Hurricane Sandy: New York’s Fright Night

New York celebrated Halloween last Wednesday and the scariest thing wandering the streets was the knowledge that Hurricane Sandy stole half of the city’s light and the entire city’s subway service.

The megacity that never sleeps had become a city with one eye closed and everyone was wondering when the NoDoze would arrive.

Since the time of Edison, most people who find themselves in a place without electricity try to go somewhere else but even that proved to be a feat that all of New York struggled with, including the six year old Supermans.

Buses were the only form of public transport, and transport in general was barely moving. As a resident of Canberra, stand-still traffic was a clear sign that I was very far from the nation’s capital.

People move to New York City to go places but those aspirations became impossible in a very literal sense. Vehicles beeped their horns in the hope that it would part the traffic that occupied the city. It obviously did not work. Google Maps predicted it would take 35 minutes to travel the 6 kilometres journey to my front door and it was wrong by 3 hours.

The bus ride was free but the only service it provided was a complimentary, warm, inanimate place to sit. The Metropolitan Museum offered the same service, except it was not boring and you could leave whenever you wanted.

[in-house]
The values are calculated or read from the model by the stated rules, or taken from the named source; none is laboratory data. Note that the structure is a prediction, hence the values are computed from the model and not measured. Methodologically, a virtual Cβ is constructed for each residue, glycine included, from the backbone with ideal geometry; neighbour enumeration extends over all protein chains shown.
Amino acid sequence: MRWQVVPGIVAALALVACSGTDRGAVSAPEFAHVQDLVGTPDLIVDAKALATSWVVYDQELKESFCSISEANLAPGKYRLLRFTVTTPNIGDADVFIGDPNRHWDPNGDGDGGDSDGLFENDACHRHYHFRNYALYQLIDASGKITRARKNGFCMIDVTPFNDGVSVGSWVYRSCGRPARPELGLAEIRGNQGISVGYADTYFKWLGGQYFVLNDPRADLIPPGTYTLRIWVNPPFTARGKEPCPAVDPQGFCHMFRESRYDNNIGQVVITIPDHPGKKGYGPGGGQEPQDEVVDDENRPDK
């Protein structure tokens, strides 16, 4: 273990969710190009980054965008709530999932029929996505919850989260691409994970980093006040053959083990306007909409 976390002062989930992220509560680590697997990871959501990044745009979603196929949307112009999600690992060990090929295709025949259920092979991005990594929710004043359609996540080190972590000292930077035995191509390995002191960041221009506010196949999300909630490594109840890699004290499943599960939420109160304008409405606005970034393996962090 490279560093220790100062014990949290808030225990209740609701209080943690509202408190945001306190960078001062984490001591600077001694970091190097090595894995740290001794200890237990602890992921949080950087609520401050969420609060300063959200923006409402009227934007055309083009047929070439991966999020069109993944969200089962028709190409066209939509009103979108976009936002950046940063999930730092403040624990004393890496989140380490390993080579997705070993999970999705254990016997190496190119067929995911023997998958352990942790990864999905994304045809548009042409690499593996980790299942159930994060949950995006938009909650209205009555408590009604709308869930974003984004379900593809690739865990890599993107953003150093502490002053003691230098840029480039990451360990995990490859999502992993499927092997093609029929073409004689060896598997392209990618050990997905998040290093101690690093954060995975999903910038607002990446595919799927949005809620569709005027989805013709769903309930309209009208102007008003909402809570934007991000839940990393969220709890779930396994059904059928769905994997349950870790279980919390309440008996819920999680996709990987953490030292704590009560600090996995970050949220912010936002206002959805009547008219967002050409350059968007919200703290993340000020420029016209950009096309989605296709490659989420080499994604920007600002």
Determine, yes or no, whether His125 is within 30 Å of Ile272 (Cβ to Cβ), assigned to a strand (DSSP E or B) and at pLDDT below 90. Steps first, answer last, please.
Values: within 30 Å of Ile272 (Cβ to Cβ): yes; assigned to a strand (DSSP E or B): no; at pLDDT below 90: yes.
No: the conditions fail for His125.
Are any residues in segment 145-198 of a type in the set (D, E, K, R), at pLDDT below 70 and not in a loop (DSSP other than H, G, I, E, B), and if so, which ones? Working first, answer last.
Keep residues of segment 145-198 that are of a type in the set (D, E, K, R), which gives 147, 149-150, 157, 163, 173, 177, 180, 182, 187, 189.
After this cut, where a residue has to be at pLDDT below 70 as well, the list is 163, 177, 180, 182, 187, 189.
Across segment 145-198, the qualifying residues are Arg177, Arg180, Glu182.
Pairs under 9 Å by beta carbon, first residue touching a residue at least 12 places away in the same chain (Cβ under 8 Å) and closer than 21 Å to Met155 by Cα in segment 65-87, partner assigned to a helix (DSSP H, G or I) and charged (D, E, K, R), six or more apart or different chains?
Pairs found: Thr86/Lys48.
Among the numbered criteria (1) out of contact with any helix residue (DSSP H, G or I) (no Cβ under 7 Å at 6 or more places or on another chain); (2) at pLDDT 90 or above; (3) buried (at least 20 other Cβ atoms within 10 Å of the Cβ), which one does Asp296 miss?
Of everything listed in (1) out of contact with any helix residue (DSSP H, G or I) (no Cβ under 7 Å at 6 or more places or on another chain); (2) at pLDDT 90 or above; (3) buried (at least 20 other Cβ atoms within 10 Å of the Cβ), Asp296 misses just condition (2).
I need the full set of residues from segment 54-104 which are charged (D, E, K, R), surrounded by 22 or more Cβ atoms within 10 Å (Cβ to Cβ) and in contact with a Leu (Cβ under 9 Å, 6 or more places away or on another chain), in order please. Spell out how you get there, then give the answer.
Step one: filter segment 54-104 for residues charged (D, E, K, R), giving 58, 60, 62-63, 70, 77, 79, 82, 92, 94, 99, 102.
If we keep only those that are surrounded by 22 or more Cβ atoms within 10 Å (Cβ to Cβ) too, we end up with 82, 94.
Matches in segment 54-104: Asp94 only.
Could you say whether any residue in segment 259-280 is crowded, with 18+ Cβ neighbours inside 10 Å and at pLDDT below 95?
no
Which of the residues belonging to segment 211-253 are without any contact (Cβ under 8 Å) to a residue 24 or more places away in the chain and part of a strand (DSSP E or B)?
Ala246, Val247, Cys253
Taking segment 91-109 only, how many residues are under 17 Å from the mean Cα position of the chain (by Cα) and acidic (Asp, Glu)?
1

The fact that the Met and anything else showed movement at all was still a Halloween miracle. On Monday night, the city became a gigantic public swimming pool and just 36 hours later there were restaurants, street vendors and investment bankers filling the city and seeking a profit.  New York had already begun showing emblems of its former self.

For those uptown, life went on mostly as usual, with the exception of a few tree branches. People who lived downtown were still without power.

Residents of lower Manhattan were in search of a warm shower, news and a torch. Those seeking the latter were not in luck, – flashlights went from $3 to $18 overnight – light had become precious commodity.

Anyone that wanted to emerge from his or her apartment unscathed and with proper make-up was forced to cough up with the cash. Anyone that wanted to partake in Halloween with a bruised Courtney Love guise could keep his or her $18.

Power is expected to return to lower Manhattan by Saturday – in more ways than one and some sections of the subway will return to life tomorrow.

Lower Manhattan is not one of those sections.

It is unlikely that the Mass Transport Authority is conspiring against downtown Manhattan but there are obvious merits to keeping the lawless people who have not showered inside their dark, secluded homes.

(Image: Iwan Baan/New York Magazine)